Another reason why I’m in favor of using a UV filter would be that it helps to keep the glass on my lens clean. Before I even purchased the filter, I was already seeing tiny debris and smudges on my lens, and purchased a microfiber cloth to clean it off. That tells me that things like dust, dirt, fingerprints and other tiny particles can get on there over time.

And the way I see it, it would be much easier for me to remove a thin, inexpensive UV filter and clean it rather than my more expensive lens. What if there’s a smudge or greasy film that’s difficult for me to wipe off? Or what if I accidentally scratch or scrape it?

My Takeaway

There’s two sides to this. On one hand, I can ask myself, why should I invest all of this money into an expensive lens only to place a tiny piece of glass in front of it? But on the other hand, wouldn’t I want to do do whatever I can to protect this expensive camera lens, even if it’s as small as a circular UV filter?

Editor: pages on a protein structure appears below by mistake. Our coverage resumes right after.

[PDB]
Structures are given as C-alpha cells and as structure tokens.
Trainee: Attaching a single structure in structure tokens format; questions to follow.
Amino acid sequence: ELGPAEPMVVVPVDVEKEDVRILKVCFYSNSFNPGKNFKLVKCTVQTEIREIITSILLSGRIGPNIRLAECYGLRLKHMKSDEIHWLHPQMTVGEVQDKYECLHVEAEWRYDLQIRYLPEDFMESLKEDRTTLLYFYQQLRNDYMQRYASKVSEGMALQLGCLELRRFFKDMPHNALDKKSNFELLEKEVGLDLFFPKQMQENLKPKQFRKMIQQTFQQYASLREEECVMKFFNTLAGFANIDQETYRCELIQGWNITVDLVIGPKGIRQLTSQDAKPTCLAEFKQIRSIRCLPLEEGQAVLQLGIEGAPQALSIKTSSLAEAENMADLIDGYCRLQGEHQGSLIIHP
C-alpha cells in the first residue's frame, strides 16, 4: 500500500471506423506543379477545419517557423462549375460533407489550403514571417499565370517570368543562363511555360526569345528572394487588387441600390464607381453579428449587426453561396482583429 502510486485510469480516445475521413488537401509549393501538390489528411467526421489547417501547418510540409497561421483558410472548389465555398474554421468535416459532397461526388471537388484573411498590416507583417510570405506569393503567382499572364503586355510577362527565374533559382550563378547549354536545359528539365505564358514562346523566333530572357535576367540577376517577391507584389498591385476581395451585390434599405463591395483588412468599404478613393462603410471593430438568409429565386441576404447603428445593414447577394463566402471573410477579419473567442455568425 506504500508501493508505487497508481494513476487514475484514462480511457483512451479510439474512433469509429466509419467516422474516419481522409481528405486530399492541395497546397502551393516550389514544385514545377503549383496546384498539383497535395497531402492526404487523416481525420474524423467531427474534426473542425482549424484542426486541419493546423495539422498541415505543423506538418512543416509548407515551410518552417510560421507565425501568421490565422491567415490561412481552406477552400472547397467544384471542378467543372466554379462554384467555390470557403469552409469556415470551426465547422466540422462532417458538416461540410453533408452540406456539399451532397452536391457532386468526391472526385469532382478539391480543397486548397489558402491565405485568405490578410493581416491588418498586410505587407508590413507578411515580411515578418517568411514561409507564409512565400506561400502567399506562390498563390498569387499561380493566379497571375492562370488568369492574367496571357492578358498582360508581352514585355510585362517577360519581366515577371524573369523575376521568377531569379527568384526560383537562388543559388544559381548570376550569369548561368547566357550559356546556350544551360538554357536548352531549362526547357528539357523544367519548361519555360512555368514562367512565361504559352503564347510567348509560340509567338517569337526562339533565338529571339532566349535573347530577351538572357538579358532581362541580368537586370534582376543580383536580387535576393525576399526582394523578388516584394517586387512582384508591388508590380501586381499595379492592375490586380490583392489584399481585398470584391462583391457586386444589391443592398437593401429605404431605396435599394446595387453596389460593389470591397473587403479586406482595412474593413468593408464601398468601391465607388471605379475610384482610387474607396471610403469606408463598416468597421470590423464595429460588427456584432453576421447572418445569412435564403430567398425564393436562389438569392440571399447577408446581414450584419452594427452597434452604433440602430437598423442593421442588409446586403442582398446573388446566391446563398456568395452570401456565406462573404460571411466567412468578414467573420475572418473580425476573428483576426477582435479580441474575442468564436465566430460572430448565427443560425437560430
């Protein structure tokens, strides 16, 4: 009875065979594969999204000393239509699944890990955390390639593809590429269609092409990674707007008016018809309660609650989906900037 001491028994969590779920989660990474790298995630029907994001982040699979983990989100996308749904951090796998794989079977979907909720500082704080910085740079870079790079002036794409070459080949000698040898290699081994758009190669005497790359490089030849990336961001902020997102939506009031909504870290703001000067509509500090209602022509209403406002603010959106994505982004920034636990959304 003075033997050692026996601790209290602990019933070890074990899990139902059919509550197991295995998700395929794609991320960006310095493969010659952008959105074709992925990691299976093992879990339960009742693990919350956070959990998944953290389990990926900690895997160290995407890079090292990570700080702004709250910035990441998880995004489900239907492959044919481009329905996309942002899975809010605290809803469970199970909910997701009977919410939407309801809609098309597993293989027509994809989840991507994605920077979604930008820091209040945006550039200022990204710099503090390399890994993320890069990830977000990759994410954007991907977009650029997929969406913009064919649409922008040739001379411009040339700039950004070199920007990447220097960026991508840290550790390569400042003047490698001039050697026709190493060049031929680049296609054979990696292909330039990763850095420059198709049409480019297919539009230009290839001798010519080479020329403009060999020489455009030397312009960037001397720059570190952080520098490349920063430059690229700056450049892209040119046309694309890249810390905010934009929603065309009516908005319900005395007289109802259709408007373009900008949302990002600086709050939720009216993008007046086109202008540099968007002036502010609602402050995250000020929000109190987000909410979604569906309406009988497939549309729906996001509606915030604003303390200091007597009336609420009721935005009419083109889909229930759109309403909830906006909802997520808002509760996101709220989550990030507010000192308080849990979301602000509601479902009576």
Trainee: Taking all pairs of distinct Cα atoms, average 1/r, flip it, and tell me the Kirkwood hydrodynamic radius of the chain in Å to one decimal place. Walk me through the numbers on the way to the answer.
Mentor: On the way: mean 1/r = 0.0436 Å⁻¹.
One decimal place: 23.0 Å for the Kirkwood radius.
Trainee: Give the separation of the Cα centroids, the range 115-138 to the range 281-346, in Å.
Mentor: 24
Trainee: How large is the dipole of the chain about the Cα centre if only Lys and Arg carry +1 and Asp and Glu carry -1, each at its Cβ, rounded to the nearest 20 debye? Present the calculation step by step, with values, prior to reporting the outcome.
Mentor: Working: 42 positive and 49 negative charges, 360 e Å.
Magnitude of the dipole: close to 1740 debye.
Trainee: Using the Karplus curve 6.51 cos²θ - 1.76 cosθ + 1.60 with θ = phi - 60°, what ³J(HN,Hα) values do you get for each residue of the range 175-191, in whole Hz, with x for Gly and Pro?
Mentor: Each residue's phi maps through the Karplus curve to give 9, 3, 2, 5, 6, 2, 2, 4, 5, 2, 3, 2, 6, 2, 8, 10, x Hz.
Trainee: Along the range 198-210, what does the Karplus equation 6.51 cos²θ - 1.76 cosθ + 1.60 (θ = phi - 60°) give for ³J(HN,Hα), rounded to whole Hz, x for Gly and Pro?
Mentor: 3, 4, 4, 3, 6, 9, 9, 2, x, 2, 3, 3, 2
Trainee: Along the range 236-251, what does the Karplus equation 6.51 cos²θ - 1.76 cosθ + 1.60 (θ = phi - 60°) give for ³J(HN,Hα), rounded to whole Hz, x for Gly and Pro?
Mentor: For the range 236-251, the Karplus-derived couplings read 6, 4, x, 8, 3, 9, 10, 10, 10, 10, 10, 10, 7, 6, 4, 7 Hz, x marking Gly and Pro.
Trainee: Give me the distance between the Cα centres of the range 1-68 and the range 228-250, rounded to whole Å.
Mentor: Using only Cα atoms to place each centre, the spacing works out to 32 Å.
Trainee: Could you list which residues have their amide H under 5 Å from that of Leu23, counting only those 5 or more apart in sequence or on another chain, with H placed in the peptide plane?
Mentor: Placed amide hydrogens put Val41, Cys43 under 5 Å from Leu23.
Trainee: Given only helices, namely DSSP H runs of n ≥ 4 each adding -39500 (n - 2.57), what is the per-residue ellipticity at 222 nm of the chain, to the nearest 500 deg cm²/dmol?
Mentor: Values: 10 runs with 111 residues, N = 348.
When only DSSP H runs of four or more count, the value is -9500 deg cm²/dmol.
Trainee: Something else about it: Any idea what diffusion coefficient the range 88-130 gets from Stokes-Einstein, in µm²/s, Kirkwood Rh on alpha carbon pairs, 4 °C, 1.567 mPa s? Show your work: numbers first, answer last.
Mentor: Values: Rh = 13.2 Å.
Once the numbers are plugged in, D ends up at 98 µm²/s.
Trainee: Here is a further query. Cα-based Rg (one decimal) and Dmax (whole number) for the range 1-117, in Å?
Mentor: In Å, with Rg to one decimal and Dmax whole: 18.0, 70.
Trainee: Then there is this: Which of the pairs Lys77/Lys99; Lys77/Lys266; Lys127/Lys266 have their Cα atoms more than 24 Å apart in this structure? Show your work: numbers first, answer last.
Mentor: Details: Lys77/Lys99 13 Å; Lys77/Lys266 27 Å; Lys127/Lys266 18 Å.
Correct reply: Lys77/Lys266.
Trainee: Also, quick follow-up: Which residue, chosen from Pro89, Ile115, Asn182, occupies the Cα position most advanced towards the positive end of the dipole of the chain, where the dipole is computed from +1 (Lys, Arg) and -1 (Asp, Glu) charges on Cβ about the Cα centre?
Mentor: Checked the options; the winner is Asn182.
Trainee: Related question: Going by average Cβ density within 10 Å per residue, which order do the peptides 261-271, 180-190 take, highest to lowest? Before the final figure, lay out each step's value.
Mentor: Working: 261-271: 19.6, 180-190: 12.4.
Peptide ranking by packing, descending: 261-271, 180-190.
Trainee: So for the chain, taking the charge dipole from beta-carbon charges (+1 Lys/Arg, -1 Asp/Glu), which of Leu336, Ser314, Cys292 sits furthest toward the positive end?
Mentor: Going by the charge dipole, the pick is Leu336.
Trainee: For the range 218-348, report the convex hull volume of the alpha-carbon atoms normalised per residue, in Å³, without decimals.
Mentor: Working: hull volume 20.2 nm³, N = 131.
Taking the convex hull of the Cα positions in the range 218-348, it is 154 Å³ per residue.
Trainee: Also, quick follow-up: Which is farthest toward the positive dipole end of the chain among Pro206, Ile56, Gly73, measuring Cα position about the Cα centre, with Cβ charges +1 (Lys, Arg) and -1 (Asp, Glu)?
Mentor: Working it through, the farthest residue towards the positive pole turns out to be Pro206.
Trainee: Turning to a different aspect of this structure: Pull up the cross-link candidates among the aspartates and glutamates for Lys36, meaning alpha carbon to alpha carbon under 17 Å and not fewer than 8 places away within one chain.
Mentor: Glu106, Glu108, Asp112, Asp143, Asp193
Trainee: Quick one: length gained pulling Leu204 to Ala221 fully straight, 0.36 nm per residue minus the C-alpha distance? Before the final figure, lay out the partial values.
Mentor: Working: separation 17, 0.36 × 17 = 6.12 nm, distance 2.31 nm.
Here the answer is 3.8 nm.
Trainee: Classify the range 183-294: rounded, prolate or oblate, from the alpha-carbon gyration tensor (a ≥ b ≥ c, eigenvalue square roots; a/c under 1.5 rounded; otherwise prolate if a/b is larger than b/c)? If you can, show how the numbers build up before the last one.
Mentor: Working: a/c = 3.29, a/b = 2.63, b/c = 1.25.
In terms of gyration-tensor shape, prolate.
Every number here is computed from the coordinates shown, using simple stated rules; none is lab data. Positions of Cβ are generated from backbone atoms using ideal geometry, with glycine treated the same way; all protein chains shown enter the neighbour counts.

I personally believe this is an inexpensive, yet effective way to protect my expensive camera lens. Also, I haven’t seen any significant loss in the quality of pictures that I’m taking whether the filter is on or off. Others have claimed otherwise.

What are your thoughts on UV filters?






  1. Rusty Parrish Sept 14 7 S. Broadway

    Hi Isaiah,

    Great article, where should I start… very in-depth. Who knew there was so much consideration with in choosing the many different choices for lenses.

    Thanks for your in-depth review. Very informative.


  2. Nate Stone Sept 14 7 S. Broadway

    Hey Issiah,

    Great article, I’m going to be spending the next 4 – 6 months in Thailand, I’m no photographer but as part of my project I’m going to need to take a fair few photos in order to document the different places that I’m visiting. The photos do need to be of a t least fairly decent quality as there is going to be a commercial element to this, would you suggest I invest in a UV filter for this?

    • Isaiah Burch Sept 14 7 S. Broadway

      Hey Nate,
      Thanks for the feedback. It doesn’t hurt – it at least will add some extra protection on your lens, and it’s very inexpensive, for a few dollars.I would do it. Thanks again!